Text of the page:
IN THE STUDIO / Renaissance man: Iain Gale meets the reborn Kevin O'Brien

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The Independent Culture
Entering Kevin O'Brien's small East End studio, it is hard to detect any vestige of the painter who 10 years ago was praised for the fulgent figurative allegories created during a year-long residency at the National Gallery. It seems as though, having deliberately destroyed all trace of his former self, the artist has emerged from nine years of voluntary exile, remade in an entirely new character.

In 1986, just as his career was taking off, O'Brien took the decision not to exhibit. 'I was a hostage to success,' he says. 'I wanted to move away from narrative painting. I was looking around for something that had more to do with the actual act of painting itself.' That the artist's absence has been justified is proven by the obvious success of the 'Spanish Chapel' paintings, a series of works, made over the past two years, which goes on show in London this Friday. O'Brien has eschewed an easily read narrative in favour of an iconographic language from which he intends viewers to construct their own meaning, a personal narrative based upon the dialogue between two compositional elements, one more 'worldly' than the other. In these intensely spiritual paintings, mankind's distance from the ethereal is suggested by differences in texture. But if O'Brien's use of heavily applied and incised paint recalls the work of Tapies and Fautrier, this does not imply that he is a mere Art Informel plagiarist. O'Brien has created his own visual language.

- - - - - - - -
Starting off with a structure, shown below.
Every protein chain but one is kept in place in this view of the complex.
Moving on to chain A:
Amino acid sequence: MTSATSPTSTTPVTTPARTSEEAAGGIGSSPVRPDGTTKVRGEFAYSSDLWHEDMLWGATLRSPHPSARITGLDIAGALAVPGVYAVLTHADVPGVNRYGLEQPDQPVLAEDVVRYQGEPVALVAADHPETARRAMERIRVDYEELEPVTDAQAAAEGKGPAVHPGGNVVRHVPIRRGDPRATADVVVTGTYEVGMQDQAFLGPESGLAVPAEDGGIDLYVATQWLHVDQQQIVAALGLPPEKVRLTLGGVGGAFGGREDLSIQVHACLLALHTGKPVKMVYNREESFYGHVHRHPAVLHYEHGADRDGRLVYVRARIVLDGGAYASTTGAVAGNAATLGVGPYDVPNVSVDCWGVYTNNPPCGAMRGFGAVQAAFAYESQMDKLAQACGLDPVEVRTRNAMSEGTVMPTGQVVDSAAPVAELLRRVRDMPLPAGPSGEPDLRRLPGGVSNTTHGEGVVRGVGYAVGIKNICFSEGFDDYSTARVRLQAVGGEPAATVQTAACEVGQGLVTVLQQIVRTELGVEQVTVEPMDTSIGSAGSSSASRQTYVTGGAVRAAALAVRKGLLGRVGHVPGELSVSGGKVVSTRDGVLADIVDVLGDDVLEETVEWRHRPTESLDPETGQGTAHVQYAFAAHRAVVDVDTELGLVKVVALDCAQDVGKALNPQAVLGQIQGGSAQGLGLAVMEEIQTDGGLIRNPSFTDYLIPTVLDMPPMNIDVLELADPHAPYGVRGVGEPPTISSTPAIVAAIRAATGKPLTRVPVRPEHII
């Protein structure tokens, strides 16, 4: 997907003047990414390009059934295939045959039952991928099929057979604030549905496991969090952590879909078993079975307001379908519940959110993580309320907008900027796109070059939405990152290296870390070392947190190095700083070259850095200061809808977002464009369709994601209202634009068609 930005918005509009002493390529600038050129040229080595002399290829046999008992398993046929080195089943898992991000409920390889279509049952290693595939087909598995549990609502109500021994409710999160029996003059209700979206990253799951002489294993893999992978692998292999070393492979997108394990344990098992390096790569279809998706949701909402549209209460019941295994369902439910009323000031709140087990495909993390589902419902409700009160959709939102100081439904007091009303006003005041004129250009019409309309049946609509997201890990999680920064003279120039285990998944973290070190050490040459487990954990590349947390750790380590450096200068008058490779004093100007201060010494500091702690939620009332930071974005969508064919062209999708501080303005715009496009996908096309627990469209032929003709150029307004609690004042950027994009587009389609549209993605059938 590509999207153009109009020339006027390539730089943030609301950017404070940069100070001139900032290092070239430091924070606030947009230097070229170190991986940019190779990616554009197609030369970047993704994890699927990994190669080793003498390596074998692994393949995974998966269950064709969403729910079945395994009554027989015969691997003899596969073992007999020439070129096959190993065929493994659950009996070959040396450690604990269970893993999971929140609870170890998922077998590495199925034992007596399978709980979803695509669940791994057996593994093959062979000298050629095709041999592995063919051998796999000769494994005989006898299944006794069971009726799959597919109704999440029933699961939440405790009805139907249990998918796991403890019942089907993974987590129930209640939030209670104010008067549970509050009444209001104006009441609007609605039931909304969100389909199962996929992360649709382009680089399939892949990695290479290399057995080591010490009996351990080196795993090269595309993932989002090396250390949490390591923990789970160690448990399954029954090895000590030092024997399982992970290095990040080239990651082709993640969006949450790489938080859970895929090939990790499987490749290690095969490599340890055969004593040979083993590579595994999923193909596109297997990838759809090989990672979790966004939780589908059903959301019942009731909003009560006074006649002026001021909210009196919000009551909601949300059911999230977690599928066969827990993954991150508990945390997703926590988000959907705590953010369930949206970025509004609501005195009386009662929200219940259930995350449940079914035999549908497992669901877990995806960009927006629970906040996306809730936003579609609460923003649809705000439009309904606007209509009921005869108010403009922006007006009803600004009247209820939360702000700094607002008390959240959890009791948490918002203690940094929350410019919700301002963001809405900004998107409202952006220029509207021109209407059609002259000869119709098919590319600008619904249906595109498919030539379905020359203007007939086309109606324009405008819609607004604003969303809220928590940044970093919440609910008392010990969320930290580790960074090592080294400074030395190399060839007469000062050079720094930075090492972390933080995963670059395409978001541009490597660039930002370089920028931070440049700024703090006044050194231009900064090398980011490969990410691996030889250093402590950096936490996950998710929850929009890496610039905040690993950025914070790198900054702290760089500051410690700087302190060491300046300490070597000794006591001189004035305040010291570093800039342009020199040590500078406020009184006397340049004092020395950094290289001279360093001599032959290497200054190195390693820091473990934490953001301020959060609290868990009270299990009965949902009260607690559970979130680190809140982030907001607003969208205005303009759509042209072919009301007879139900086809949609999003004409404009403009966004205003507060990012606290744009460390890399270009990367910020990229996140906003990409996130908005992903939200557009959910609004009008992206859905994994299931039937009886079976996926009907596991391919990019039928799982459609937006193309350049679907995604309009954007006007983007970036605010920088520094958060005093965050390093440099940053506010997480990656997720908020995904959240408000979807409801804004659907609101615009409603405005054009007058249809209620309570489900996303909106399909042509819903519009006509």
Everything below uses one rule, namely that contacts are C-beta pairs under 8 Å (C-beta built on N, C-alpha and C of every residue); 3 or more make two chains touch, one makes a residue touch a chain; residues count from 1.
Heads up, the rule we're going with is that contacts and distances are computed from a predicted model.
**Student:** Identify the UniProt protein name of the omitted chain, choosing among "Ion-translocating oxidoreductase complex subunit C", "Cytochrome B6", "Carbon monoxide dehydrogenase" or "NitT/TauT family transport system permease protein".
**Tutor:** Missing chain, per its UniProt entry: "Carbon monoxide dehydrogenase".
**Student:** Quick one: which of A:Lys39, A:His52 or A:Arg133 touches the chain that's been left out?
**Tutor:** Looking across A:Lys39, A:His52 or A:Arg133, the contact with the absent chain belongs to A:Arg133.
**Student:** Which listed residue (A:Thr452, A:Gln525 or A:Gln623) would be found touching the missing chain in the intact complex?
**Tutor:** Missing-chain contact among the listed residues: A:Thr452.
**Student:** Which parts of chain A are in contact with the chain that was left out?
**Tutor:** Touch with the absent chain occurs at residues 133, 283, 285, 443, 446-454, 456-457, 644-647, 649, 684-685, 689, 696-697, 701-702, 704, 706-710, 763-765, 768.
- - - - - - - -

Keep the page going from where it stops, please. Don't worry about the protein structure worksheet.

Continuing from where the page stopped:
One of the most frequently occuring motifs is a crenellated rectangle whose shape suggests that of a reliquary. Such a similarity implies that these works are the 1990s equivalent of Renaissance icons, intended to have a similar effect upon a contemporary audience as a Duccio might have on the faithful of the trecento. O'Brien's insistence on the tangible evidence of the artist's presence - heavily incised gesso, resin and paint - proposes further parallels with the Renaissance masters' use of stamped gold leaf and carved wood. This is particularly evident in the most powerful of these works, Spanish Chapel I, in which a red-hot reliquary, created by spraying red flock on to a silver-painted surface, is 'reflected' in the polished surface of an ovoid, hovering uncertainly in mid space. It is deeply unsettling. Having seduced his viewers, the artist leaves each of them to derive a purely individual response. As he says: 'These paintings are positions for contemplation'.

Art Space Gallery, 84 St Peter's St, N1 (071-359 7002). 21 Oct to 19 Nov (Photograph omitted)

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